Travel chaos on France’s fabled rail network reigned this week as unions began a series of two-day strikes that are scheduled to take place through the end of June. Compounded by simultaneous strikes by Air France workers, tourists experienced a difficult travel experience in and around Paris and other cities this week.
France’s SNCF rail authority said 86 percent of its trains were canceled nationwide on Wednesday (the second day of this week’s strike), with delays still expected as the rail line returns to normal operations. Almost no trains operated Wednesday between France and Italy, Spain or Switzerland, while about a dozen Eurostar trains to and from the U.K. were canceled.
This is a particularly busy travel time of year, as many European school systems are off for spring break. In a story published this week, the Associated Press reported that airline flight cancellations and a scarcity of trains and seats squeezed out tourists and commuters who struggled to get to their destinations.
The unions are striking to defy French President Emmanuel Macron's economic policies, which include eliminating lifetime benefits for certain rail employees.
One reporter interviewed a British tourist who expected to lose an entire vacation to Cannes that was to include a Eurostar component between London and Paris.
Next week’s strike dates are Apr. 8-9. The current published strike schedule includes back-to-back, two-day strikes generally every three days through June 18. Air France workers are scheduled to strike again on Apr. 10-11.
A list of the dates that the rail unions will be striking can be found here.
One travel agent's recommendations
Marissa Fontanini, who runs her own agency, Distinguished Travelers, in Cary, North Carolina, was in Paris in late March during a previous rail strike. Her experience gave her a firsthand understanding of what her clients might face this spring.
Fontanini’s train from Paris to Strasbourg, for the French Tourism Board’s International Rendez Vous En France conference, was canceled, and she had to wait six hours for a later departure. Fellow travelers chose other options, including taking a bus, or staying overnight for a train the next day.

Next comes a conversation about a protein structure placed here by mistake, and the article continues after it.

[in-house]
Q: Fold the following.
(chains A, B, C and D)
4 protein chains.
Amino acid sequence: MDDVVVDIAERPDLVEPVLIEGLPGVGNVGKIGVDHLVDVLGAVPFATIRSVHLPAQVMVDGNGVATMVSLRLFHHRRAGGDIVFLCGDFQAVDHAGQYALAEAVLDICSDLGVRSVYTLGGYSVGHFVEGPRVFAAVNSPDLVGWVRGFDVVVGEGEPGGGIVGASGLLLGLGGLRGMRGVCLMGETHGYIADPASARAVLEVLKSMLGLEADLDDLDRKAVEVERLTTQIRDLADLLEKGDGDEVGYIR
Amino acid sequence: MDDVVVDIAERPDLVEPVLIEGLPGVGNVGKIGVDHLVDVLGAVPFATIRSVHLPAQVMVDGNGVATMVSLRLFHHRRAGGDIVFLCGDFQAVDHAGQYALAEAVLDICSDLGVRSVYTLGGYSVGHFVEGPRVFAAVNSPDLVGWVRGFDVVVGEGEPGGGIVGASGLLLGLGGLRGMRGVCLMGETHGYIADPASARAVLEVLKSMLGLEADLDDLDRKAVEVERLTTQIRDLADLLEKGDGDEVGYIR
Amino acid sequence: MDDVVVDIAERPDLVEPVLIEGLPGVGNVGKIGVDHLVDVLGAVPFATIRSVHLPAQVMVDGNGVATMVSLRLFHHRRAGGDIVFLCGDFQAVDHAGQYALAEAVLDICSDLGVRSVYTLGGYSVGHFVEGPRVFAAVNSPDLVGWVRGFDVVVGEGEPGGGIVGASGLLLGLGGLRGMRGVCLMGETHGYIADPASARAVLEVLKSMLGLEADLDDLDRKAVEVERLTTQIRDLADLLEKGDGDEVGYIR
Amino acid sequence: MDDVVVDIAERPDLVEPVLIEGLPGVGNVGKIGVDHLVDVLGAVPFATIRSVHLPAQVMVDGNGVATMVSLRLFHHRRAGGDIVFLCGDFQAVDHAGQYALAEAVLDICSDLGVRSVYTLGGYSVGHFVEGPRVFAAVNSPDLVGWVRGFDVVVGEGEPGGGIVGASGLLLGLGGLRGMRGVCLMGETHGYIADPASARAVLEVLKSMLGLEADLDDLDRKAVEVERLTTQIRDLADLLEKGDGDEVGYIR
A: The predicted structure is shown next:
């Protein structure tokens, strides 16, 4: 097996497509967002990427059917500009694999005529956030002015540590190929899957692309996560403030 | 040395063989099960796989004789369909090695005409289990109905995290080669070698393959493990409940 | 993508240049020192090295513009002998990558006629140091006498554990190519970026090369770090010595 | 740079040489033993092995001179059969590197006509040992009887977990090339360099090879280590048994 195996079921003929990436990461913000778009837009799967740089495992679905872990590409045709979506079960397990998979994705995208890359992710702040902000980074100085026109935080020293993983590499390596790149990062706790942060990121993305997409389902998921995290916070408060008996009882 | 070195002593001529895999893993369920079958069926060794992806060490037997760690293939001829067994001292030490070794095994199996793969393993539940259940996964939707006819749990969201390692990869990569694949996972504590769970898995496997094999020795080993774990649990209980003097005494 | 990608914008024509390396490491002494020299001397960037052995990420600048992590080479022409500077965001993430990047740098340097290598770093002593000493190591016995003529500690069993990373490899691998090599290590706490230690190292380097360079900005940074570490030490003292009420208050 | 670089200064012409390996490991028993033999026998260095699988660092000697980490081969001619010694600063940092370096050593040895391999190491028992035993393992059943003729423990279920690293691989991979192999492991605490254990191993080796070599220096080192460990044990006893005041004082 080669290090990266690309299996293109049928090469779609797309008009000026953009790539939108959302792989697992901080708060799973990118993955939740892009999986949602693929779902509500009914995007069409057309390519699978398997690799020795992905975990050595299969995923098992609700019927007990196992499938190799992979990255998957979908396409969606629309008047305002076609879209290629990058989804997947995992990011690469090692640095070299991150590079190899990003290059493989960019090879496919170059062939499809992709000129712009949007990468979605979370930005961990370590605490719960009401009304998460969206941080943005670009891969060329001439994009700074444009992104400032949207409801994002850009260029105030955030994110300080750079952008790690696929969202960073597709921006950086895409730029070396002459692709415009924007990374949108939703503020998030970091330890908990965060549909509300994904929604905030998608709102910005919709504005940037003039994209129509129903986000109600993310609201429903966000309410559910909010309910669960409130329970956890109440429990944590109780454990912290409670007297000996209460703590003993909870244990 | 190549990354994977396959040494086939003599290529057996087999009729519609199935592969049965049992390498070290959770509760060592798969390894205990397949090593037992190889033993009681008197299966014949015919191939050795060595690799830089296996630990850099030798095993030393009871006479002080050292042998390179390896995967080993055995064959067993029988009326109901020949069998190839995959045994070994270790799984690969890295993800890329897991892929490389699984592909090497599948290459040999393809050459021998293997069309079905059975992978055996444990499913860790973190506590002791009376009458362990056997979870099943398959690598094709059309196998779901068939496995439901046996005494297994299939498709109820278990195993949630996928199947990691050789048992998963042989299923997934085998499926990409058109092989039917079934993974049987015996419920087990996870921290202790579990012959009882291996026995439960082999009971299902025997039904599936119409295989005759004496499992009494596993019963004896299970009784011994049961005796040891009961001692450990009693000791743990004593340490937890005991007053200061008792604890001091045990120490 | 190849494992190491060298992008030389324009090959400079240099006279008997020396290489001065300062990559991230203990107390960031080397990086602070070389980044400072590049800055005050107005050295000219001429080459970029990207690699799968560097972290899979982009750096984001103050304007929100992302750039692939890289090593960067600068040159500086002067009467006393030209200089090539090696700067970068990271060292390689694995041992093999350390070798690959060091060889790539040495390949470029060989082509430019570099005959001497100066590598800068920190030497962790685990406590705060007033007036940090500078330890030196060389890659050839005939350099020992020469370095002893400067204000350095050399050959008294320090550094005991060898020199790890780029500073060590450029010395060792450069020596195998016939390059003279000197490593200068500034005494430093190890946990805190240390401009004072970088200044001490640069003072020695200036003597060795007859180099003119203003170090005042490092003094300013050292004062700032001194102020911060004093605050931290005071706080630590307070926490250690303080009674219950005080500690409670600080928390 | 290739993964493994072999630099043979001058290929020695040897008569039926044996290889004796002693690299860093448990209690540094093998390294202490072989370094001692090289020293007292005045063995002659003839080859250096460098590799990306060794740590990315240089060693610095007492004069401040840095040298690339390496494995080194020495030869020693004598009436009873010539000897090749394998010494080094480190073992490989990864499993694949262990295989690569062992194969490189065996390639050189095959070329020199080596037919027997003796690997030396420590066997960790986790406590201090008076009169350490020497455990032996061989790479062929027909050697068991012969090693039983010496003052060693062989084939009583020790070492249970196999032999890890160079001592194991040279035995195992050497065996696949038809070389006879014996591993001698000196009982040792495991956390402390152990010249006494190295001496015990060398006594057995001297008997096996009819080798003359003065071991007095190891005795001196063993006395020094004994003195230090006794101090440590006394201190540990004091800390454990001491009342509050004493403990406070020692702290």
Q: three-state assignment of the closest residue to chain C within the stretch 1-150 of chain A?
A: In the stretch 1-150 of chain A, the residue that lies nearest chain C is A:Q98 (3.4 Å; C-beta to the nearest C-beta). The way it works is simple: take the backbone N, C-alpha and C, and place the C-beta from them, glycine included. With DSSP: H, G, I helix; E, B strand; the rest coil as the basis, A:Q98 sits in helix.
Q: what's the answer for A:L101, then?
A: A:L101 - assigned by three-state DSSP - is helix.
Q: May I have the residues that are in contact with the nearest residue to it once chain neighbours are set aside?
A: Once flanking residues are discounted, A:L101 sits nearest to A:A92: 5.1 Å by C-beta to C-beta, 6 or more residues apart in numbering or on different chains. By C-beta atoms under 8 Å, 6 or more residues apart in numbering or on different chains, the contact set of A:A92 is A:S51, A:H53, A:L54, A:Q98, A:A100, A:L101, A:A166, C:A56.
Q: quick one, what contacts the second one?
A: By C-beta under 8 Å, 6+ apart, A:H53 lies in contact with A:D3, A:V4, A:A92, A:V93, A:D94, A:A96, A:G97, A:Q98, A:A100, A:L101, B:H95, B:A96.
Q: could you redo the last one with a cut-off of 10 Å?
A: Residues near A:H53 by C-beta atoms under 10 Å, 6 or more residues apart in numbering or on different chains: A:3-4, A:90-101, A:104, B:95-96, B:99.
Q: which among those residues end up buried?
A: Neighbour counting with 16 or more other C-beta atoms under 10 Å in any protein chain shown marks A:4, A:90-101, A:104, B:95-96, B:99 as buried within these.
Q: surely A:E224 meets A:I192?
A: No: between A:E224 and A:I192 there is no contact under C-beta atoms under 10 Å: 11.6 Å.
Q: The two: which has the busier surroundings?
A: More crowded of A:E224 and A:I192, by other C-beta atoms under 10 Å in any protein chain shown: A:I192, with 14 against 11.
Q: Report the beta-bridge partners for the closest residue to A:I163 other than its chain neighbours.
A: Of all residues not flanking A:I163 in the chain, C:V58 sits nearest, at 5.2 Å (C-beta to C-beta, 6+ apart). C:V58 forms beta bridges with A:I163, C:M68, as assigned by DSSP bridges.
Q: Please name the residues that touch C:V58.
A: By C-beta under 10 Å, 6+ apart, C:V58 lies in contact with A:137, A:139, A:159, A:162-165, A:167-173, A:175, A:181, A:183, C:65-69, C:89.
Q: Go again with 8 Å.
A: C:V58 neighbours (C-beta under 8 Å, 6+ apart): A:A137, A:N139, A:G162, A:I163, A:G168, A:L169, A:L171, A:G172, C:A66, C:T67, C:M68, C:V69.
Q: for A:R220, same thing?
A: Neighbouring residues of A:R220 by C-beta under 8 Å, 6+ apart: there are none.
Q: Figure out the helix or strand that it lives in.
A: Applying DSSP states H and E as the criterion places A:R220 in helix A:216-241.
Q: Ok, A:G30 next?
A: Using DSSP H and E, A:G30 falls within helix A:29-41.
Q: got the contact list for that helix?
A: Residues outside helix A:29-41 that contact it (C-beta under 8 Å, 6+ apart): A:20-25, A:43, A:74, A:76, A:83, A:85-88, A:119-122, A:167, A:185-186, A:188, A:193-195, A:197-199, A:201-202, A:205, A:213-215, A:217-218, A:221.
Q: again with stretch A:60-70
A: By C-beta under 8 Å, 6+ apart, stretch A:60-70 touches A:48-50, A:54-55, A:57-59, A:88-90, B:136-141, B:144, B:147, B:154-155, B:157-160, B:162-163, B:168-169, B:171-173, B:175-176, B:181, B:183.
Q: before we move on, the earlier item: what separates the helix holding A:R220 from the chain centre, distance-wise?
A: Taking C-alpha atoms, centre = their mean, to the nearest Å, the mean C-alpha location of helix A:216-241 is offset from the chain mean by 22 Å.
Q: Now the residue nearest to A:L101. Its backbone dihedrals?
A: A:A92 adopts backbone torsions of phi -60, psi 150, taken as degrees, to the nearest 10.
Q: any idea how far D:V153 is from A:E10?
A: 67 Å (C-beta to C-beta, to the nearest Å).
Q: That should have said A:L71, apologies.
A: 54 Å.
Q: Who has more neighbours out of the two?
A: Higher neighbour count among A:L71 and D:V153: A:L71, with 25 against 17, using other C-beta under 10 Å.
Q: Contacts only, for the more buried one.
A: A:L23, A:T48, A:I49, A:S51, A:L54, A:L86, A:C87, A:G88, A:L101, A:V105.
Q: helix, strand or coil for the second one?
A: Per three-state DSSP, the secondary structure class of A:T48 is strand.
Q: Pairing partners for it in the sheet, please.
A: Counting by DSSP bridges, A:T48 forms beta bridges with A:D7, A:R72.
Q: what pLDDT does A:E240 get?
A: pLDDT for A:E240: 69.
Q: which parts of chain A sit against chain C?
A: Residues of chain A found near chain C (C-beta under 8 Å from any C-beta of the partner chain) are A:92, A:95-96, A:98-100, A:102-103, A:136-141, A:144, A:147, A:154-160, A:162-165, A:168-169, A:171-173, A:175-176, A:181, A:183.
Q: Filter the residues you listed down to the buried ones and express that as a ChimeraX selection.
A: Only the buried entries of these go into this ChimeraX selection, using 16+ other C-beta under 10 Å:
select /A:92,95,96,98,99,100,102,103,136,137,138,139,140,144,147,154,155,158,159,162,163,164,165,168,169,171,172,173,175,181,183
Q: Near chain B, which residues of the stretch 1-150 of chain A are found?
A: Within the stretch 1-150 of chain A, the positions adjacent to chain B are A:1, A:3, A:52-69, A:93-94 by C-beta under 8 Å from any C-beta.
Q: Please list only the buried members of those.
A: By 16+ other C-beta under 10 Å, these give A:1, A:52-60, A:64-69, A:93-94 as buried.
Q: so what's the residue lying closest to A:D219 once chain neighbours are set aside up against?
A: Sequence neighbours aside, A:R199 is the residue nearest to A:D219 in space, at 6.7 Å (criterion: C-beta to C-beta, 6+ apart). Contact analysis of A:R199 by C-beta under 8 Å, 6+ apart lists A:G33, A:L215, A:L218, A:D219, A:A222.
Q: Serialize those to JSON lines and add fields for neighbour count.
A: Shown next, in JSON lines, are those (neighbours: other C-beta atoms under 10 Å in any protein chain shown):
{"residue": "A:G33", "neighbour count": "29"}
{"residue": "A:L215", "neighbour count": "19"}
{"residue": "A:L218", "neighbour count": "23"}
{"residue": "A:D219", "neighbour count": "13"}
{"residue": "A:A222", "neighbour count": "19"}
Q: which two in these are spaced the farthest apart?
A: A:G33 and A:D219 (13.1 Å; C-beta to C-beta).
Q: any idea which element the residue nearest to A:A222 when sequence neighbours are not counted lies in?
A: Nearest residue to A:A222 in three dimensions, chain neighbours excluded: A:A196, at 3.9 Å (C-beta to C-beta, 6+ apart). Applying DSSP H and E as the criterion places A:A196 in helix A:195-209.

“There were multiple rail employees throughout the station readily assisting passengers with their itineraries and answering questions. I didn’t have to exchange my ticket or get a new ticket reissued. And, while the wait was very long, it was reassuring to know that, in spite of the strike, trains were still running, albeit on limited schedules,” she said.
“As a travel professional, I knew I had to be prepared for anything, as this is a very volatile situation, not only for those living and working in France, but tourists as well.”
Fontanini is undaunted by her rail strike experience and is going back to France in late April. She also has a family of four traveling to London, Paris and Rome in the middle of the strike, with a Eurostar leg from London to Paris. “We’re discussing contingency plans, and they have travel insurance,” Fontanini said.
To assist clients with any anxiety, she strongly advises them to purchase travel insurance.
“There are many unknowns that we cannot plan ahead for. The peace of mind I had knowing that I would not incur additional personal expenses because of the strike was reassuring. Many travelers see travel protection as an unnecessary additional expense until they are faced with a travel emergency.”
And for clients less experienced traveling abroad, “working with a qualified agent can make the difference between a vacation nightmare and a mere hiccup in your travel plans,” she said.